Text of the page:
Dr R Neerunjun Gopee
I was in awe when a few days ago I read in the US press about the death of Dr Leila Denmark, aged 114. She was the world’s oldest practising doctor when she retired at age 103, and the picture shown in the American paper was taken when she was 100, in 1998.
She was the first resident physician at Henrietta Egleston Hospital for Children in Atlanta when it opened in 1928. Subsequently she started her paediatrics practice in her home in Atlanta in 1931 and continued until her retirement in 2001: a total of over 70 years in active practice, phew!
Among several honours she received during her career was included the ‘Fisher Award in 1935 for outstanding research in diagnosis, treatment, and immunisation of whooping cough.’ She also did volunteer work at a Baby Clinic near the state capitol in Atlanta, according to her daughter Mary Hutcherson, seeing ‘mill workers and other poor people who had no other way to get medical care and would bring their sick children to the clinic.’
Family members also said that her ‘enduring love of her work was a key to her long life, along with eating right.’
Work hard, love your work and eat right – sounds like a magic formula, and simple too isn’t it! How far you can ‘love your work’ probably varies according to the work one does, and the conditions under which one works along with the attitude of the employer(s). But there is no doubt that the practice of medicine provides one with ample scope to do so, and indeed a granddaughter of Dr Denmark said that she never referred to her practice of medicine as ‘work.’
I have always thought that if you do not love what you are doing, including work, then you are wasting not only your time but your life. Medicine, along with teaching, remains a great profession, and the epithet ‘noble’ can still apply to it if as doctors we would remember the words ascribed to one of our great masters, Armand Trousseau, about the role of the doctor: ‘guerir parfois, soulager souvent, consoler toujours.’
Complementary to, indeed essential to the technical expertise of the doctor there is what I would call a sacerdotale dimension that we are tending to lose, but which is subsumed in Trousseau’s wise truism. Admittedly, with the commercialisation of medicine that drives the expectations of patients and society at large, and that also contributes to the excessively litigious environment that we now live in, this ideal is becoming more and more difficult to fulfill. However, it is definitely in the interest of both patient and doctor to strive to restore the trust that is the foundation of the doctor-patient relationship.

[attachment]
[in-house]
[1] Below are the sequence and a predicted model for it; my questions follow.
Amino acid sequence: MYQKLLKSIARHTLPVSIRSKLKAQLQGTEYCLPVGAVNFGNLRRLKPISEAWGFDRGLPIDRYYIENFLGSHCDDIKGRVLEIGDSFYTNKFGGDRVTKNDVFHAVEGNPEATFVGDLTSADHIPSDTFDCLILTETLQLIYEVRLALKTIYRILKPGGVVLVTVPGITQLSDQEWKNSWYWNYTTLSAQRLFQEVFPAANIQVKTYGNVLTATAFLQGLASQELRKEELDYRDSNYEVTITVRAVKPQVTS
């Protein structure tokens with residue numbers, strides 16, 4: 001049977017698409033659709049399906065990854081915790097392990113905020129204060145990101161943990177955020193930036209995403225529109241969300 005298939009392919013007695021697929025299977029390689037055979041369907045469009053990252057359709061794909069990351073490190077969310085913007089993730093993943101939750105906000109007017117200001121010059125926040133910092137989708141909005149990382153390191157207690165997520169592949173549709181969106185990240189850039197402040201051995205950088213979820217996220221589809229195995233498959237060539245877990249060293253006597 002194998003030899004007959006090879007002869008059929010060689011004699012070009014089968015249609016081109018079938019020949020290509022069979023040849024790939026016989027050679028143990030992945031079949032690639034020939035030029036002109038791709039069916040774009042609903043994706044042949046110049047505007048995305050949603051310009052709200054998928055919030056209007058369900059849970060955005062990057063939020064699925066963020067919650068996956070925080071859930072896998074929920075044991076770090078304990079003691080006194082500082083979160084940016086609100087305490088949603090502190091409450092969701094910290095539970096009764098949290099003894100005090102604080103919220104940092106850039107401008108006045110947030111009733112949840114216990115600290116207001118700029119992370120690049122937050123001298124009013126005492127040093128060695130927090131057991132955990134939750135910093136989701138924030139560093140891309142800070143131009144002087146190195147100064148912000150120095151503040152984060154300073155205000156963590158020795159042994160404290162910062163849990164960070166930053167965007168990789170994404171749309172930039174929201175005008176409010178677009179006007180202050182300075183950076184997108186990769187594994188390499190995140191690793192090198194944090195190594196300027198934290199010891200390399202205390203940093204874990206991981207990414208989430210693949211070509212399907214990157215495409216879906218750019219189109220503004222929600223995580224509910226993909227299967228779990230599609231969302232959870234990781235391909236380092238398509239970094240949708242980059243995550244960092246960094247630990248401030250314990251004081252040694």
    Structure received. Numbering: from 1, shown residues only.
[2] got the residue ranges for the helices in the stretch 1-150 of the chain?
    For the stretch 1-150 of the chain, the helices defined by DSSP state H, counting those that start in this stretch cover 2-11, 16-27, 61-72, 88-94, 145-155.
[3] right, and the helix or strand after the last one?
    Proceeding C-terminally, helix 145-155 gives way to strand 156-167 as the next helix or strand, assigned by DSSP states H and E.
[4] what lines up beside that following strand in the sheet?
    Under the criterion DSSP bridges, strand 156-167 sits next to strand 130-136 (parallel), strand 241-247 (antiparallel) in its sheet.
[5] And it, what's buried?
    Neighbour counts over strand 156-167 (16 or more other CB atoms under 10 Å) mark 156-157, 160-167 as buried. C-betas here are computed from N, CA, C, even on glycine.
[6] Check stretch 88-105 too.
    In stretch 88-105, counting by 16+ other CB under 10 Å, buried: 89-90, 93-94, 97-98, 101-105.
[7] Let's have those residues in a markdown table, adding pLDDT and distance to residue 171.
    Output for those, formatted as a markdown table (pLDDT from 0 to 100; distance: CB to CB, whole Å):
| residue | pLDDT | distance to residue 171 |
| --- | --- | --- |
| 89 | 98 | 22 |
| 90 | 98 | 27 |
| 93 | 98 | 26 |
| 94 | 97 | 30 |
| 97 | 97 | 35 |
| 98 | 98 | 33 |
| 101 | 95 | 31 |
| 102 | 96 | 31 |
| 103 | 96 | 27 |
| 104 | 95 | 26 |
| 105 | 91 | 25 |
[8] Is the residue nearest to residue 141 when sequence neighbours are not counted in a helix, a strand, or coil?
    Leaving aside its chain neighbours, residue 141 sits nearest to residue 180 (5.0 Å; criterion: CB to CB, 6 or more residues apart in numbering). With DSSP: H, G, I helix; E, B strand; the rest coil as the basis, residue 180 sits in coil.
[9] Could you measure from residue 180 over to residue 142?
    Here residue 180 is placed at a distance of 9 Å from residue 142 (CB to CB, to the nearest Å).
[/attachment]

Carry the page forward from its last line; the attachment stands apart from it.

One of my earliest memories as a child is a visit to late Dr Rivalland, in his consultation which was situated behind the Sik Yuen supermarket in Curepipe. He was a rotund figure, with a bald shining head, all pink, and an ample tummy to match his wide smile and welcoming face. I do not remember feeling frightened on entering the surgery and seeing him, quite the contrary.
Many years later, when I was in Upper VI 3, he came for a home visit in the afternoon to our house in Curepipe Road, to see my younger brother who had had a nose bleed. I had stayed back to give him an account of what had happened, and also because as I had decided I wanted to be a doctor, I was excited at the prospect of meeting one in flesh and bone as it were – since I hardly got such opportunities otherwise. After the consultation was over, and I’d held his doctor’s bag and walked him to his car, I dared to ask him a question after telling him about my career interest, ‘where do you think is a good place to pursue my studies?’
His reply, as he stood with one foot inside the car and his elbow resting on the half open car door, is etched in my memory. ‘It does not matter where you do your first degree,’ he said, ‘but for your specialisation I would advise France or England.’
Today there are more options of where to study, but as far as I am concerned, I proceeded to England for my specialisation – largely influenced by that advice but also by a combination of circumstances which included amongst others the influence of the Royal College Curepipe, and the bias inculcated during my undergraduate years in India.
What an outstanding example and role model, Dr Leila Denmark. May her soul rest in peace.
* Published in print edition on 6 April 2012